. . . the area of society is voluntary cooperation. Its energy is that of good will. Its method that of elasticity; while the other, the state, is rather mechanical action, its energy force, its method rigidity. (Political Thought from Spencer to the Present Day, p. 67)
These ideas are in general accord with the anarchist conception of society. Kropotkin envisioned the anarchist society as
the fullest development of free association in all its aspects, in all possible degrees, and for all conceivable purposes, an ever-changing association bearing in itself the elements of its own duration and taking on the forms which at any moment best correspond to the manifold endeavors of all … we conceive the structure of society to be something which is never finally constituted …. (Encyclopedia Britannica, 1905)
The city has completed its historic evolution. Its dialectic from the village, temple area, fortress or administrative center, each dominated by agrarian interests, to the polis and medieval commune during an era when town and country were in some kind of equilibrium, to the bourgeois city which completely dominates the countryside, now culminates in the emergence of the megalopolis, the absolute negation of the city.
No longer can we speak of a clearly defined urban entity with an authentically collective interest or outlook of its own. Just as each phase or moment of the city ha its own internal limits, the megalopolis represents the limits of the city as such — of civitas as distinguished from communitas. The political principle, in the form of the state, dissolves the last vestiges of the social principle, replacing all community ties by bureaucratic ones.
Personified space and the human scale disintegrate into institutional space and urban gigantism, hierarchically grounded in the impersonal domination of one human by another and the destruction of nature by a rapacious society motivated by production for the sake of production. This “anti-city,” neither urban nor rural in any traditional sense, affords no arena for community and genuine sociation. At most, the megalopolis is a patchwork of mutually hostile enclaves or ghettoes, each of which is internally “united” not by a positive harmony of creative impulses but rather by a negative hostility toward the stranger on its perimeter. Physically, morally, and logistically, this urban cancer is in rapid decay. It does not function on its own terms as an arena for the efficient production and marketing of commodities.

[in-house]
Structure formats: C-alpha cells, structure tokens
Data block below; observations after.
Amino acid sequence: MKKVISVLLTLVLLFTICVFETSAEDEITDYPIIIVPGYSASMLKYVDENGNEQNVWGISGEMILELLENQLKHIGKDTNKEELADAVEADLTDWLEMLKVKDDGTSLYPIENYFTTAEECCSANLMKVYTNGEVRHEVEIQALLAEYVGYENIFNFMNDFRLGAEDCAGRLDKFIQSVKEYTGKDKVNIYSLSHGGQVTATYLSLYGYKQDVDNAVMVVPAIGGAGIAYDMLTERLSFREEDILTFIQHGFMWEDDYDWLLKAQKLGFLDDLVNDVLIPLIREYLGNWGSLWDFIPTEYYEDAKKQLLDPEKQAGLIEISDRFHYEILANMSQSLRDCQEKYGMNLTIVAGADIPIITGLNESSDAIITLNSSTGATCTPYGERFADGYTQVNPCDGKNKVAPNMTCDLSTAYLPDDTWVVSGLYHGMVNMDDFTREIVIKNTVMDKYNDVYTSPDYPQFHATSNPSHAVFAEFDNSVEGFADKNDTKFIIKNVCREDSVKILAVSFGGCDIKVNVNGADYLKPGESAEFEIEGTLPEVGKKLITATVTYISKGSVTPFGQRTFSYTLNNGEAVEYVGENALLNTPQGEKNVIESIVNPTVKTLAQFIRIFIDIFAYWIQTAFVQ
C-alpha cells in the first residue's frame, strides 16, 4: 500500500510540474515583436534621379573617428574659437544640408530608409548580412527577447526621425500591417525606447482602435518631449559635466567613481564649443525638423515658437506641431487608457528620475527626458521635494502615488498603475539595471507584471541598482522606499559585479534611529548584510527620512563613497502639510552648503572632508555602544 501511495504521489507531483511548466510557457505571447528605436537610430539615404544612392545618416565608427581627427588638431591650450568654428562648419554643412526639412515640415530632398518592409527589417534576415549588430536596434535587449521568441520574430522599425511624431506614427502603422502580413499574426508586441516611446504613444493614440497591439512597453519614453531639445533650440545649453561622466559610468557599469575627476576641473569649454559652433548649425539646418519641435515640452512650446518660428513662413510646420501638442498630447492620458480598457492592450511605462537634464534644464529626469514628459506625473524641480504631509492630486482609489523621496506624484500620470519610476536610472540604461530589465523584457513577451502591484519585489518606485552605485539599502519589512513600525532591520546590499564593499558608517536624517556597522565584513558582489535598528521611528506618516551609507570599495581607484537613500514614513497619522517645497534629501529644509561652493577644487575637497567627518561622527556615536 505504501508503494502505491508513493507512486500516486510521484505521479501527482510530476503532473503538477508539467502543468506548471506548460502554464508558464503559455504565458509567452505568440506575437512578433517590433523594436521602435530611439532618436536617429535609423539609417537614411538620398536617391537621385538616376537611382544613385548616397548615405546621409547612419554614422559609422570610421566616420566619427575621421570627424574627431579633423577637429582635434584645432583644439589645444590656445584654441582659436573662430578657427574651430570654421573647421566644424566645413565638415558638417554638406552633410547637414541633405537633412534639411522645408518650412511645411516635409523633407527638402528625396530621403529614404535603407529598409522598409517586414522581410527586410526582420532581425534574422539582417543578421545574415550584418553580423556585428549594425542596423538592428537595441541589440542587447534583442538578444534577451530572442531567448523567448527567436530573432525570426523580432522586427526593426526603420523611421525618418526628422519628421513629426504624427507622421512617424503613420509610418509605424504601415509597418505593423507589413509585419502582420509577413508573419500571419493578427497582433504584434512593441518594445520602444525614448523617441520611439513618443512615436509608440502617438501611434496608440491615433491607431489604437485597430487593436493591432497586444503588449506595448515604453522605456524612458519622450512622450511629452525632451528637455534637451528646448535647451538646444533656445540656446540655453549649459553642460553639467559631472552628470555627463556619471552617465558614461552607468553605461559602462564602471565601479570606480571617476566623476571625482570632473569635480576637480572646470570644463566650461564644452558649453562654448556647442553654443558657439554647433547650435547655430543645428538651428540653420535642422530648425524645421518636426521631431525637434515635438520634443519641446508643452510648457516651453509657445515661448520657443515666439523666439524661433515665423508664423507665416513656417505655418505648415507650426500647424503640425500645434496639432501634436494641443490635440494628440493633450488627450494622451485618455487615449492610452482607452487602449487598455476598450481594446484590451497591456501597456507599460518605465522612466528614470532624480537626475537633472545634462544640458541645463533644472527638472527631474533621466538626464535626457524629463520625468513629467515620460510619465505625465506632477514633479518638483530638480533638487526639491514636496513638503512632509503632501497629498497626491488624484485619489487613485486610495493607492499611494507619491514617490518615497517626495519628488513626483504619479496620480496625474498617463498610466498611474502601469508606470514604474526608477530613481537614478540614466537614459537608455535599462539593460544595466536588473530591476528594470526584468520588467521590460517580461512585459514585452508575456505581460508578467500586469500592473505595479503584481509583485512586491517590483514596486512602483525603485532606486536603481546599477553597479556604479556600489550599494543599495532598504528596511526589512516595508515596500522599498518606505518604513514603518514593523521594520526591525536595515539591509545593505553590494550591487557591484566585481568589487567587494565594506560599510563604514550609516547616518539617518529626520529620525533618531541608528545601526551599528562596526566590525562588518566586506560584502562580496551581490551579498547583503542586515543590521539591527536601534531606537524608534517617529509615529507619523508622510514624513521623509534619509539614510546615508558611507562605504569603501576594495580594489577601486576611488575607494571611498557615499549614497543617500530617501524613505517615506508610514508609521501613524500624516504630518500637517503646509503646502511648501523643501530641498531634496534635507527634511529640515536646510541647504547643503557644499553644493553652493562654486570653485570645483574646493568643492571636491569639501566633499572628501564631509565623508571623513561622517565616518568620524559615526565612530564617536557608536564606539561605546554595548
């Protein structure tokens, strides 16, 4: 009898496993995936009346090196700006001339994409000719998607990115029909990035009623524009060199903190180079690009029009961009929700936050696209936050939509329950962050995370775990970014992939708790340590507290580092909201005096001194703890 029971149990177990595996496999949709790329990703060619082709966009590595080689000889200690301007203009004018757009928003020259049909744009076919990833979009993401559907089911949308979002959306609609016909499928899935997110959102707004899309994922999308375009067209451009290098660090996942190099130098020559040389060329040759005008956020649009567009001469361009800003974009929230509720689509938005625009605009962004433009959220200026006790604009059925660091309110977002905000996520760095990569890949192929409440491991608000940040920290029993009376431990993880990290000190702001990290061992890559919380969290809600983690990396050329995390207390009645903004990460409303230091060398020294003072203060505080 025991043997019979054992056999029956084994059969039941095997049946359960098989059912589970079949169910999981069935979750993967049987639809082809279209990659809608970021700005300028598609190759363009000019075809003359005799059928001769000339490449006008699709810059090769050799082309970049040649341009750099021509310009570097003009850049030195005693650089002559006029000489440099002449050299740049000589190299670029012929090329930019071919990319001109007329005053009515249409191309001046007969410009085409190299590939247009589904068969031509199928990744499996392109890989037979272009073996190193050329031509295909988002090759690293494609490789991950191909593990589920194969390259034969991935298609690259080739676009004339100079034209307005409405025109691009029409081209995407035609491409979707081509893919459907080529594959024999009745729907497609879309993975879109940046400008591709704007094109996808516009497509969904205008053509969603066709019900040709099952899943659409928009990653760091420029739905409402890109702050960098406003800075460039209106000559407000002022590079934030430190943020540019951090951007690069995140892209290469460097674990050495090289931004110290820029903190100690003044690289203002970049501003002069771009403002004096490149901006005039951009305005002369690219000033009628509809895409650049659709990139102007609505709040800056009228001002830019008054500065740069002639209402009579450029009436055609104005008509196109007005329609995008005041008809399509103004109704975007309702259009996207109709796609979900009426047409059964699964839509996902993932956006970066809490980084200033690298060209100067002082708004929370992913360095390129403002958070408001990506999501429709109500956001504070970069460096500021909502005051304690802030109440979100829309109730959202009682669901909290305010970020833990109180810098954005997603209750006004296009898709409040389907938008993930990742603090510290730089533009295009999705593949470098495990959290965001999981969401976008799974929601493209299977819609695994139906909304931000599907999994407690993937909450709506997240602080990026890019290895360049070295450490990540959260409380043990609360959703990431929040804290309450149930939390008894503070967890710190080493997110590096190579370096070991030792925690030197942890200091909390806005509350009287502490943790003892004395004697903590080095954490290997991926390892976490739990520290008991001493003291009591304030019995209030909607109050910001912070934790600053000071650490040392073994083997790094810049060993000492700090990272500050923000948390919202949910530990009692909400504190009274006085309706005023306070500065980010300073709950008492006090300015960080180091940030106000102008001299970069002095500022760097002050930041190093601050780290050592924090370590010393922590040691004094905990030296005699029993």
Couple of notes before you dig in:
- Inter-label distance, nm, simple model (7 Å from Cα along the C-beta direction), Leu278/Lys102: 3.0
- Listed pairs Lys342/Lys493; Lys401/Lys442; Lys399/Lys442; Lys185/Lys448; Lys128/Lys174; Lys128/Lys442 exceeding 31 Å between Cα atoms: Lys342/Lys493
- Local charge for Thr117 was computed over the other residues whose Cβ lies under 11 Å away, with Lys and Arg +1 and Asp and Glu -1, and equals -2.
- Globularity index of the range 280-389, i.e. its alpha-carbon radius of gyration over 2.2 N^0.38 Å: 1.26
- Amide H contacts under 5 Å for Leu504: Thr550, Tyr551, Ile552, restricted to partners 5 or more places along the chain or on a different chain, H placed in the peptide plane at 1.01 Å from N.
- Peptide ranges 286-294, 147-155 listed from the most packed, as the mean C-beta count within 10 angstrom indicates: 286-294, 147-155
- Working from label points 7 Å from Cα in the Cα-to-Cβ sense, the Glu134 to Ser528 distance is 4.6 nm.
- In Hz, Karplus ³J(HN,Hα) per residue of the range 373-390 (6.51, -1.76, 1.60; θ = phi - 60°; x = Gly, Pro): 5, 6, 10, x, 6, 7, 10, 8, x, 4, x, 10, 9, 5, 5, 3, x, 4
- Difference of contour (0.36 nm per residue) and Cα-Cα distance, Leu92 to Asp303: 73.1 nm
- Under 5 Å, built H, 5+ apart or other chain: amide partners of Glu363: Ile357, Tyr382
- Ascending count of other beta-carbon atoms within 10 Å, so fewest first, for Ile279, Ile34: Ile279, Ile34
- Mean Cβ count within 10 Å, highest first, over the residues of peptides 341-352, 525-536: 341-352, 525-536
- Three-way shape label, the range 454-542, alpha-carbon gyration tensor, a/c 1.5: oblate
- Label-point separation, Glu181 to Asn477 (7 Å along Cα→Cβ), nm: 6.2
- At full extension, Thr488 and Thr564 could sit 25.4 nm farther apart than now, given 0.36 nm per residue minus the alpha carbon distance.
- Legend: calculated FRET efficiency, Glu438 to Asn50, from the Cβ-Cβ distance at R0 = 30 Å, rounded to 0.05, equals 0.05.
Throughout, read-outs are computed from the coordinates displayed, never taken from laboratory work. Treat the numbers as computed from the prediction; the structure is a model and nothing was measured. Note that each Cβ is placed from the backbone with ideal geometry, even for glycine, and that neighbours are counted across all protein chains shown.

To say that this creature is breaking down is an understatement: the megalopolis is an active force in social dissociation and psychic dissolution. It is the negation of the city as an arena of close human proximity and palpable ‘ cultural tradition, and as a means of collecting creative human energies. To restore urbanity as a meaningful terrain for sociation, culture, and community, the megalopolis must be ruthlessly dissolved and replace by new decentralized eco-communities, each carefully tailored to the natural eco-system in which it is located.
“One of the best ways to thank essential workers is to support the fight to improve their lives.”
(By: Julia Conley, Common Dreams) Labor rights advocates on Monday urged the public to show support and solidarity with Amazon employees who walked off the job at a Staten Island warehouse following what the workers said was an unacceptable response by the company to at least one case of coronavirus at the facility.
Between 50 and 200 employees at the warehouse, known as JFK8, walked off the job around 12:30 pm Monday, days after at least one case of coronavirus was reported at the facility. Christian Smalls, an employee who is organizing the strike, told CNN the number of employees who have tested positive for the coronavirus, officially known as COVID-19, is actually between five and seven, though the company has only acknowledged one infection.
The workers are demanding that Amazon shut the warehouse down and ensure it is sanitized before requiring employees to work again.
We’re not asking for much,” Smalls said. “We’re asking the building to be closed and sanitized, and for us to be paid [during that process].”
By ignoring the threat of transmission to other workers, tweeted the grassroots group New York Communities for Change, “Amazon is putting profits over safety.”
The roller coaster ride in markets took a sharp turn higher this week after the Federal Reserve and Congress together pledged over 6 trillion dollars to rescue the financial system.
Perhaps this week was an inflection point for the mass fear and panic that has cleared out bullion dealers of coins and grocery stores out of toilet paper. Although the number of coronavirus cases hasn’t yet peaked, there are some signs that the hysteria surrounding the deadly outbreak has.
The stock market finally put together a sustained rally even though the economy remains locked down. But how can equities jump without the impetus of actual earnings from business operations? The answer, of course, is that Wall Street is being reinflated by trillions of stimulus dollars created out of thin air.
The U.S. Senate on Thursday voted unanimously to approve the largest stimulus bill in the nation’s history, totaling $2.2 trillion. Some of the money will be sent directly to taxpayers. Some of it will help bail out the airlines and other distressed industries. Some of it will go toward medical supplies and equipment. And some of it will go toward wish list items that have nothing to do with the current crisis because opportunistic politicians never let a good crisis go to waste.